Amid the massive enrollment expansion of Chinese universities since 1999 and the global economic downturn, finding a desirable job in China is not easy for most new graduates.
Statistics show that only 62 percent of 177,000 graduates in Shanghai found jobs upon graduation in 2015, resulting in high unemployment rates in the city.
Ironically, more than half of all recent Chinese graduates in first-tier cities end up quitting their new jobs within the first two months, according to the figures released by recruitment platform 58.com.
A large percentage was said to be dissatisfied with their salaries while others sought work that would allow them to better improve their skills. A small number ultimately decided it would be easier just to return to higher education or go travel.
Analysts are trying to uncover the real reasons behind this bizarre trend of graduates giving up so soon after entering China's job market.
Some say that post-1990s and millennial-generation Chinese are notorious for being quick to quit, and others are outright criticizing them for being spoiled, immature and impatient - hallmark personality traits of today's young Chinese.
As a university student in my senior year, I can offer some perspective into this perplexing trend. You see, after spending our entire childhoods preparing for gaokao (the national college entrance exams) followed by four years in a university, it's understandable that many Chinese grads would prefer time off to play, travel, party or simply rest before diving into a lifelong career.
Additionally, as my fellow intern, Zhang Qin, here at the Global Times Metro Shanghai wrote in a recent TwoCents article, "Chinese students tend to sacrifice their personal interests in order to get accepted by a better-ranked university that may not offer their first choice of majors ... the decision of which major to pursue is usually influenced or wholly decided by our parents or teachers."
This, then, is also why so many Chinese grads find themselves feeling dissatisfied or downright depressed about their new jobs. It doesn't help that we are pushed by our families into a profession for which we may have no passion, leading to compromising our personal happiness.
Choosing a vocation and dedicating our lives to it is not as easy today as it was for our parents and grandparents. More options, along with more educated, eligible candidates, mean that most of us will have to enter a job at the very bottom, settling for minimal salaries.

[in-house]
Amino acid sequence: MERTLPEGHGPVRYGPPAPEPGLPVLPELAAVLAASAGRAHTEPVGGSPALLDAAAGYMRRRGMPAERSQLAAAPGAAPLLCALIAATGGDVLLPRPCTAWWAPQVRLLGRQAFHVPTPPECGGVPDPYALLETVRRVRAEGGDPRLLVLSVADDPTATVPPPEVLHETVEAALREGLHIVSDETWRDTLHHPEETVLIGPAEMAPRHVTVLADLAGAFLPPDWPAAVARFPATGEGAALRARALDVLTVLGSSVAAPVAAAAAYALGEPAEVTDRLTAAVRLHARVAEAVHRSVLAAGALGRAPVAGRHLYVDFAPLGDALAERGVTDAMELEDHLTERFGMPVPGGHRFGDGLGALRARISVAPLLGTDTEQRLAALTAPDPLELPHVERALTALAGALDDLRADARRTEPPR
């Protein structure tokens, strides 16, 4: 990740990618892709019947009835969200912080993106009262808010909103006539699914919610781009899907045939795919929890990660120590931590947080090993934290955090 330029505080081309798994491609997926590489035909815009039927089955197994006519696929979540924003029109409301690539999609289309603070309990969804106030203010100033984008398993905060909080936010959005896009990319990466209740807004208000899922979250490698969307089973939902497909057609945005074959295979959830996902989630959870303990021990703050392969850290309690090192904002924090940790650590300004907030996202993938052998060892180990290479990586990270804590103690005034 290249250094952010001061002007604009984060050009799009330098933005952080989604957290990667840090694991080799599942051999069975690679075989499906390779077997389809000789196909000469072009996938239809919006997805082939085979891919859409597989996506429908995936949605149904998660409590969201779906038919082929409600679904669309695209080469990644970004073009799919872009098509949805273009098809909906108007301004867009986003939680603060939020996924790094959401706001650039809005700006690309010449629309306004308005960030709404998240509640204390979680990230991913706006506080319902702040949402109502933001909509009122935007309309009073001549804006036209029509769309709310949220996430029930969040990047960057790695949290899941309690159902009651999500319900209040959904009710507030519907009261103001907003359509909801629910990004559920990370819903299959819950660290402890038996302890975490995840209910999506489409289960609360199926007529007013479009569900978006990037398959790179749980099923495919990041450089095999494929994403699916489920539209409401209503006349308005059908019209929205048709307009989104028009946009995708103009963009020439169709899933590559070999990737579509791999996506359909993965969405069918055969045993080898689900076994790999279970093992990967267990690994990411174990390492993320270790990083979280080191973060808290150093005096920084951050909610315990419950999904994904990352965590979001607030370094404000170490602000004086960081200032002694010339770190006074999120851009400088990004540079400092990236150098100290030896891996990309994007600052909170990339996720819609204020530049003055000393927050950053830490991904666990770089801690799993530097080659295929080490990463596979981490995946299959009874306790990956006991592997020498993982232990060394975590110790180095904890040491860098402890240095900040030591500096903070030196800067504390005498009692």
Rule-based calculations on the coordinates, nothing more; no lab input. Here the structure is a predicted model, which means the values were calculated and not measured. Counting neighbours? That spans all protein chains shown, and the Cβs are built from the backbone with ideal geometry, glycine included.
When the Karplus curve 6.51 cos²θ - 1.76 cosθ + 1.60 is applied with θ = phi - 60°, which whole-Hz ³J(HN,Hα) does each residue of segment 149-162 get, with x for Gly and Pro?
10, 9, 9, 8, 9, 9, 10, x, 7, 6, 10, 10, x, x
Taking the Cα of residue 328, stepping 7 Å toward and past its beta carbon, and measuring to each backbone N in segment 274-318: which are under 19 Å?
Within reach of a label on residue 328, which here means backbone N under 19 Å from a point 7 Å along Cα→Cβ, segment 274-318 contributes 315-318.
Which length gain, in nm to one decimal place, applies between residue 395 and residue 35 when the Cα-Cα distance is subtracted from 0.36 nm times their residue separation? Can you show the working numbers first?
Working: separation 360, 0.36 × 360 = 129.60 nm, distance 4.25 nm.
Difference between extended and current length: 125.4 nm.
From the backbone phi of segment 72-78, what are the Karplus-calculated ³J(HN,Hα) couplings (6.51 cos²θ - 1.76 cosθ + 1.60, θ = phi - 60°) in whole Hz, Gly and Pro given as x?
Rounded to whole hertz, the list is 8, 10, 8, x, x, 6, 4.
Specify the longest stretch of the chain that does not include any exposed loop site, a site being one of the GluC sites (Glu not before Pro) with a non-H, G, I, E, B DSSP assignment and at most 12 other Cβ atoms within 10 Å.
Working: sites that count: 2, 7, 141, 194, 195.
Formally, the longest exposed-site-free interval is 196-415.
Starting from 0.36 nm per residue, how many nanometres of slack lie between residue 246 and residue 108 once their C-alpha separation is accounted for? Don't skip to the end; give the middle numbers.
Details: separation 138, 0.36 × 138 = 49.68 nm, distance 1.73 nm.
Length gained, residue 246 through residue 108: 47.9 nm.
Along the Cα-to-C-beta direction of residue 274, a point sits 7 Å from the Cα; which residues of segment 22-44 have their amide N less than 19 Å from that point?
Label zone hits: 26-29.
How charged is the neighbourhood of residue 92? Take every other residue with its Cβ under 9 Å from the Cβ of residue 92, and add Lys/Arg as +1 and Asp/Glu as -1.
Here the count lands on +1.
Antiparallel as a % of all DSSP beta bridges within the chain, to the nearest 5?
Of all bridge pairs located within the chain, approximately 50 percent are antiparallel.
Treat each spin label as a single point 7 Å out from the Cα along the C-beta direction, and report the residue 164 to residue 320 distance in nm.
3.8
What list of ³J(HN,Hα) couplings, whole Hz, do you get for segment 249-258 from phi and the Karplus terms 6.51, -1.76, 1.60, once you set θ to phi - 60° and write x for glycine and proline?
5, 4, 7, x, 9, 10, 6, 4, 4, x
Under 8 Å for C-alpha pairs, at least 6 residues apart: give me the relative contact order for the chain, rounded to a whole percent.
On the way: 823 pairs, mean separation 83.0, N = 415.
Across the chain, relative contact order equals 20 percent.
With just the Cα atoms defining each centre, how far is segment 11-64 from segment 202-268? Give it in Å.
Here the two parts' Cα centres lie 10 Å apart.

Nonetheless, a few uni students I know are one step ahead of the rat race. There's a girl in my grade who has attended six internships throughout her undergrad years in order to identify a career she will be most competent in, then narrow down which specific company she'd most prefer working for. She is a true inspiration not just to our generation but to me personally.
This leads to my own internship here at the Global Times. Originally hailing from North China, I came to Shanghai to study because it is an ever-evolving metropolis full of opportunities.
Over the past three years I have tried to take advantage of all my spare time; instead of lazing around my dorm room, I have worked a number of part-time jobs and internships. I originally wanted to be an English interpreter, but my current internship as a journalist has allowed me to expand my horizons.
Quitting a salaried job right after starting is a permanent blight on your dossier; prospective employers will see how unreliable and irresponsible you are and probably not want to take a chance spending time and money on training you if they think you are just going to jump ship.
Indubitably, more than high scores or skill sets, what recruiters seek in young candidates are loyalty, persistence and strong character.
Yes, older companies may want to consider altering their archaic business models and outdated recruitment practices to better suit the impatient mind-sets of millennials; after all, it is us who will soon be taking over those companies.
But until then, it is wholly up to undergrads to prepare themselves for today's uncertain job market.
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